Yankee Penny, a 3 year old, female, intact Thoroughbred racehorse presented to the Cornell University Large Animal Medicine service on 6/8/2005 with a chief complaint of colic. The day prior to presentation, Yankee Penny had developed a fever and was diagnosed with epiglottitis, and started on 20 grams of chloramphenicol by mouth four times a day. Two other horses from the same barn were also diagnosed with epiglottitis and started on chloramphenicol on 6/7/2005. Both of these horses also developed signs of colic and were sent to another referral hospital. Yankee Penny was observed overnight and developed acute laminitis the following morning. The other two horses also developed acute laminitis. A chloramphenicol compounding error was suspected but was not substantiated. This case report describes a case of acute laminitis in a Thoroughbred filly. A brief discussion of the current theories of laminitis pathogenesis and how this information was utilized in the selection of treatment for Yankee Penny is included.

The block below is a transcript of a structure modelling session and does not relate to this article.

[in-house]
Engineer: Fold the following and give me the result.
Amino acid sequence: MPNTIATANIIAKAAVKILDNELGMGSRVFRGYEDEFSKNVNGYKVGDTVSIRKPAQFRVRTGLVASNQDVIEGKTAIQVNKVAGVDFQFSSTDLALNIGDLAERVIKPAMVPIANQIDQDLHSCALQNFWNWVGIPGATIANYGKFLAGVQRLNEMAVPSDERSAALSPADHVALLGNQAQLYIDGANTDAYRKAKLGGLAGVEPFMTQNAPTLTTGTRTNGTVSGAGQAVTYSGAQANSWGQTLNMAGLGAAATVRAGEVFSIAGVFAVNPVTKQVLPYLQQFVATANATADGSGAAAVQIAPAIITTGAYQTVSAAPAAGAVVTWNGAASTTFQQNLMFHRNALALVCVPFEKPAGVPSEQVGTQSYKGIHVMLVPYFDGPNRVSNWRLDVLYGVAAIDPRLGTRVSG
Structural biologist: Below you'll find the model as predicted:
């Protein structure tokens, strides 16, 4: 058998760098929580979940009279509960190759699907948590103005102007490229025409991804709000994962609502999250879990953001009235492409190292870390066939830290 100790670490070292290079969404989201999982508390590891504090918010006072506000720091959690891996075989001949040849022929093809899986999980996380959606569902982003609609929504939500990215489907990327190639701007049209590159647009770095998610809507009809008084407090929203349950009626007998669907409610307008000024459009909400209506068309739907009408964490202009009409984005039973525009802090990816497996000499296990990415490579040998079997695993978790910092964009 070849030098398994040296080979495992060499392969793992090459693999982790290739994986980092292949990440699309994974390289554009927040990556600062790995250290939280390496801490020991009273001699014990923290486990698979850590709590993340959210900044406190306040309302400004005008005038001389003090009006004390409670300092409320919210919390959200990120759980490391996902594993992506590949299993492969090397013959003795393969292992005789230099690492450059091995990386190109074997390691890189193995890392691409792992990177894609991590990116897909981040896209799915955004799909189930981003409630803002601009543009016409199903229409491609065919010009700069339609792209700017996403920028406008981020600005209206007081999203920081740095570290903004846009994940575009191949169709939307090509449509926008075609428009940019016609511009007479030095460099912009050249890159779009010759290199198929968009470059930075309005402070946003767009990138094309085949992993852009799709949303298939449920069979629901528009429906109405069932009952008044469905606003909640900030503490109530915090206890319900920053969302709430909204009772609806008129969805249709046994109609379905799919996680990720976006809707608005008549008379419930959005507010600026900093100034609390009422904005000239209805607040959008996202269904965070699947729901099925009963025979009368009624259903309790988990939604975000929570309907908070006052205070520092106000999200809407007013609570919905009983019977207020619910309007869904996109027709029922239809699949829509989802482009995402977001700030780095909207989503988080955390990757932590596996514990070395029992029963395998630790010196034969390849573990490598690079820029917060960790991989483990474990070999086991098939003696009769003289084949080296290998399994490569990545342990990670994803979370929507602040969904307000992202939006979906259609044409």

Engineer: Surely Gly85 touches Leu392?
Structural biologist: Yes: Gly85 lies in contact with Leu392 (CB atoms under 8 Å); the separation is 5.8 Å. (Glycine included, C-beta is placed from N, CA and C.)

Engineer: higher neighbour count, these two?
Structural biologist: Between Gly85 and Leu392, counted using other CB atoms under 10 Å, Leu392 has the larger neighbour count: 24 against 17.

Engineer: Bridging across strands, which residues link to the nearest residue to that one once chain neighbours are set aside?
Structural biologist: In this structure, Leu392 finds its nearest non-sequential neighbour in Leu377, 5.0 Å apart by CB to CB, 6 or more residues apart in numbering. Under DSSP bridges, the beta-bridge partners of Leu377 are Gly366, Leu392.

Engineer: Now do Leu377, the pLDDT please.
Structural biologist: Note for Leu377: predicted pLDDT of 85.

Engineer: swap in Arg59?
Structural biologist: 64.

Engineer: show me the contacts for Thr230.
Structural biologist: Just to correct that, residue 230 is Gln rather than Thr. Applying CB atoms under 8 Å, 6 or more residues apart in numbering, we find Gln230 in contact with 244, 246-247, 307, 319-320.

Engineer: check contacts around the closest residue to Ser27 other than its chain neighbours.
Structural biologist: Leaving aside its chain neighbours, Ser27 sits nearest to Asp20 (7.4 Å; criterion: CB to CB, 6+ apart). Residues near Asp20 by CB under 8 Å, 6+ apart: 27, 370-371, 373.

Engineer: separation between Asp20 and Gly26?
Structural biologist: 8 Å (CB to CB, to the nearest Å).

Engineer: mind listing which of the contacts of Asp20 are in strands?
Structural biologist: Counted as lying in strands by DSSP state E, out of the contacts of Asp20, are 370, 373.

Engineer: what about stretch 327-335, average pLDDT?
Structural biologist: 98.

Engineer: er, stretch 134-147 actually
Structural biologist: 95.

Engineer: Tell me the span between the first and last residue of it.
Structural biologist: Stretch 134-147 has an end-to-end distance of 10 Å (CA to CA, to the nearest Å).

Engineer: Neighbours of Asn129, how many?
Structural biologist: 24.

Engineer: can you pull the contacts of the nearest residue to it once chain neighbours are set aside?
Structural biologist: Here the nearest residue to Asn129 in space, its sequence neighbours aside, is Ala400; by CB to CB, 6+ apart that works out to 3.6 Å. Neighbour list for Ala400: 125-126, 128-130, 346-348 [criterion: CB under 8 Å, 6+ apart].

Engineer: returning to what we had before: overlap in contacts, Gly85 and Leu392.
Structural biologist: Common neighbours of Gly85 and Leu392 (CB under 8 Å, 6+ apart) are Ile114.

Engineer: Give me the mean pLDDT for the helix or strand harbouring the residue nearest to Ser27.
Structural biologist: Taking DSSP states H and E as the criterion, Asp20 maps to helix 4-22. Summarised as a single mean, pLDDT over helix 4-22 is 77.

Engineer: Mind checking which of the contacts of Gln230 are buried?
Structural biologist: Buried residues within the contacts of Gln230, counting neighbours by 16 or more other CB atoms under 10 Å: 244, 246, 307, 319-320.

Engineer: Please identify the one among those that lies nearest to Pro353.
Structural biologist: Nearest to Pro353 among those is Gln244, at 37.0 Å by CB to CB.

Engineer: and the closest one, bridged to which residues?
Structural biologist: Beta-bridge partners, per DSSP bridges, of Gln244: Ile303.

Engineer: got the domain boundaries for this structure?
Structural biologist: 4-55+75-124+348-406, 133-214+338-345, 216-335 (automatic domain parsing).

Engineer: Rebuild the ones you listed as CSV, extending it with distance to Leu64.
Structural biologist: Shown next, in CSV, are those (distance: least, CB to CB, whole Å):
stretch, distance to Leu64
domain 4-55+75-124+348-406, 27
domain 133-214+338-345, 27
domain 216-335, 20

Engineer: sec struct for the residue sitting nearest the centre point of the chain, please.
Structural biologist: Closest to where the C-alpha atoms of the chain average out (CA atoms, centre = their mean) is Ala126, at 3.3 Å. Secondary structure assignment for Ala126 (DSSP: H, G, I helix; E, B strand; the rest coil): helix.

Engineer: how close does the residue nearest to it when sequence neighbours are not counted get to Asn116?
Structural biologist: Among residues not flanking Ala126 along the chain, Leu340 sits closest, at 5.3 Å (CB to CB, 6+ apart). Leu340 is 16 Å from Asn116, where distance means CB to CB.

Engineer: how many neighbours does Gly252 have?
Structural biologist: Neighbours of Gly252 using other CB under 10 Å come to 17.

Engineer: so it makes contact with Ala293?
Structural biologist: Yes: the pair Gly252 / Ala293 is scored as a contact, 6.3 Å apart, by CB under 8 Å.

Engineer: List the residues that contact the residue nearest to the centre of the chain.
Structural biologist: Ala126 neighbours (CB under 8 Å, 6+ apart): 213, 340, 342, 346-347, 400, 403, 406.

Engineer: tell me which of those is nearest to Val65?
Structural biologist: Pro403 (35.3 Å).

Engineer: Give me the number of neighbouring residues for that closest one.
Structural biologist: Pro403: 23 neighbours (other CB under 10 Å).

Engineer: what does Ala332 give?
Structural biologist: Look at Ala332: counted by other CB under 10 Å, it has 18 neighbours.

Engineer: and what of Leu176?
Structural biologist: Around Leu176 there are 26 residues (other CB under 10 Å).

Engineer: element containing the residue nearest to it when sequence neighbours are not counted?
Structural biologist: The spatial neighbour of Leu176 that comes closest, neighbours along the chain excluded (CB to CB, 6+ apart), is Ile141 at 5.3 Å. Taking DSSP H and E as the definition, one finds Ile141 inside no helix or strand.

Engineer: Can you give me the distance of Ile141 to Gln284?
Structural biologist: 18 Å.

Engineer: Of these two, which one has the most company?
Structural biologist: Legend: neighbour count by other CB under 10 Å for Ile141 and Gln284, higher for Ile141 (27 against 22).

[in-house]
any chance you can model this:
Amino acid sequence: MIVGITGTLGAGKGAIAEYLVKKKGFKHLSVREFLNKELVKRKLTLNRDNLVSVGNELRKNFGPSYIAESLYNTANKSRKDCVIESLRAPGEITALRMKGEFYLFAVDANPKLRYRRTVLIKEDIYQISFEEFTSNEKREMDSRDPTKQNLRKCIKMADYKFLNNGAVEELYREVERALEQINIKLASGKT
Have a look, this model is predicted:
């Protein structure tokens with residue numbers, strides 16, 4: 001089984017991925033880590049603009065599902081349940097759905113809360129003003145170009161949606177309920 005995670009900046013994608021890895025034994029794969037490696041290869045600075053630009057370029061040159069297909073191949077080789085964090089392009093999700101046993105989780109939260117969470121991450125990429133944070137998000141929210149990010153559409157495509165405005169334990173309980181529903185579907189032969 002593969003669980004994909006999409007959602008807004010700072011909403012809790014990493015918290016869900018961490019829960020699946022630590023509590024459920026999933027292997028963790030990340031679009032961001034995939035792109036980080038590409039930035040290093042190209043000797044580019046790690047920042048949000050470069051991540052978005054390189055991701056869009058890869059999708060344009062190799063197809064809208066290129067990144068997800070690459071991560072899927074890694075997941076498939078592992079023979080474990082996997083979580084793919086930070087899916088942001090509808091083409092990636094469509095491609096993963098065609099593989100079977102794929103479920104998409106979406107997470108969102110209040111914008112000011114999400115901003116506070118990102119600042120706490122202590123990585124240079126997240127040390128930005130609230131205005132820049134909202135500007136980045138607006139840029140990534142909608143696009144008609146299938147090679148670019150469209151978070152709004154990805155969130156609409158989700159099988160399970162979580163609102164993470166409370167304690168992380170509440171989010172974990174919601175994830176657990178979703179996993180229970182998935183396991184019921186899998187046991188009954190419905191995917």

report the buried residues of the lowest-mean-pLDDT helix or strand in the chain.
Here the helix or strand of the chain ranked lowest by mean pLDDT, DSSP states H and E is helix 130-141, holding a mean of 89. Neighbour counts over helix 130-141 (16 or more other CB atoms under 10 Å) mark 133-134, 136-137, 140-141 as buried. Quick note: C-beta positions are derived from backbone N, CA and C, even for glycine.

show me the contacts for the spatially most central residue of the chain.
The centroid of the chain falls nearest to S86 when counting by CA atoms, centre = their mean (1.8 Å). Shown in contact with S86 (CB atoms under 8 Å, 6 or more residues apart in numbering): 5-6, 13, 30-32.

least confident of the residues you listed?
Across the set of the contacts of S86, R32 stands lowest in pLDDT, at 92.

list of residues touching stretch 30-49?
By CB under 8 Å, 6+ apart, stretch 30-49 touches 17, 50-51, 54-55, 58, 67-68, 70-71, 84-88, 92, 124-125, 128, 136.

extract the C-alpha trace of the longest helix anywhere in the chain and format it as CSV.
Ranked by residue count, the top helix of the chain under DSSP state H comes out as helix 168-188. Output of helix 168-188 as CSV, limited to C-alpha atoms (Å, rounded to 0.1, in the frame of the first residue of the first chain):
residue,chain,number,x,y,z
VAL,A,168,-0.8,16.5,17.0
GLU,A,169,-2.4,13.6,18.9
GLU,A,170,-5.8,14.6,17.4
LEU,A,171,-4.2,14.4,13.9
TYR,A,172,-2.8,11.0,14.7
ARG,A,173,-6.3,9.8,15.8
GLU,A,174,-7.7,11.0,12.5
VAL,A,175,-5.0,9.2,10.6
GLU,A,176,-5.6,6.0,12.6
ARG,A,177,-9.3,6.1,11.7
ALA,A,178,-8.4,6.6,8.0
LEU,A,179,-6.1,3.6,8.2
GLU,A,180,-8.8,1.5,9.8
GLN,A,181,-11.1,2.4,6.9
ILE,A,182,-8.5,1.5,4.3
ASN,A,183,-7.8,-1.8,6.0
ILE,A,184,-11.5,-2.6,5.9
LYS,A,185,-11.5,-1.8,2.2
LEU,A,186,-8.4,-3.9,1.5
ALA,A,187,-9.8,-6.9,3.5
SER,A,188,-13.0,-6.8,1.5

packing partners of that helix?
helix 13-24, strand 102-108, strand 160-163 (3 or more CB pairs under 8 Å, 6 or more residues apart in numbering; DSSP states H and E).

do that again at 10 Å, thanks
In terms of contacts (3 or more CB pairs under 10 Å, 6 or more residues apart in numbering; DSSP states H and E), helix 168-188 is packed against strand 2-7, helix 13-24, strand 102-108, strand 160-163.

Horses -- Diseases -- Case studies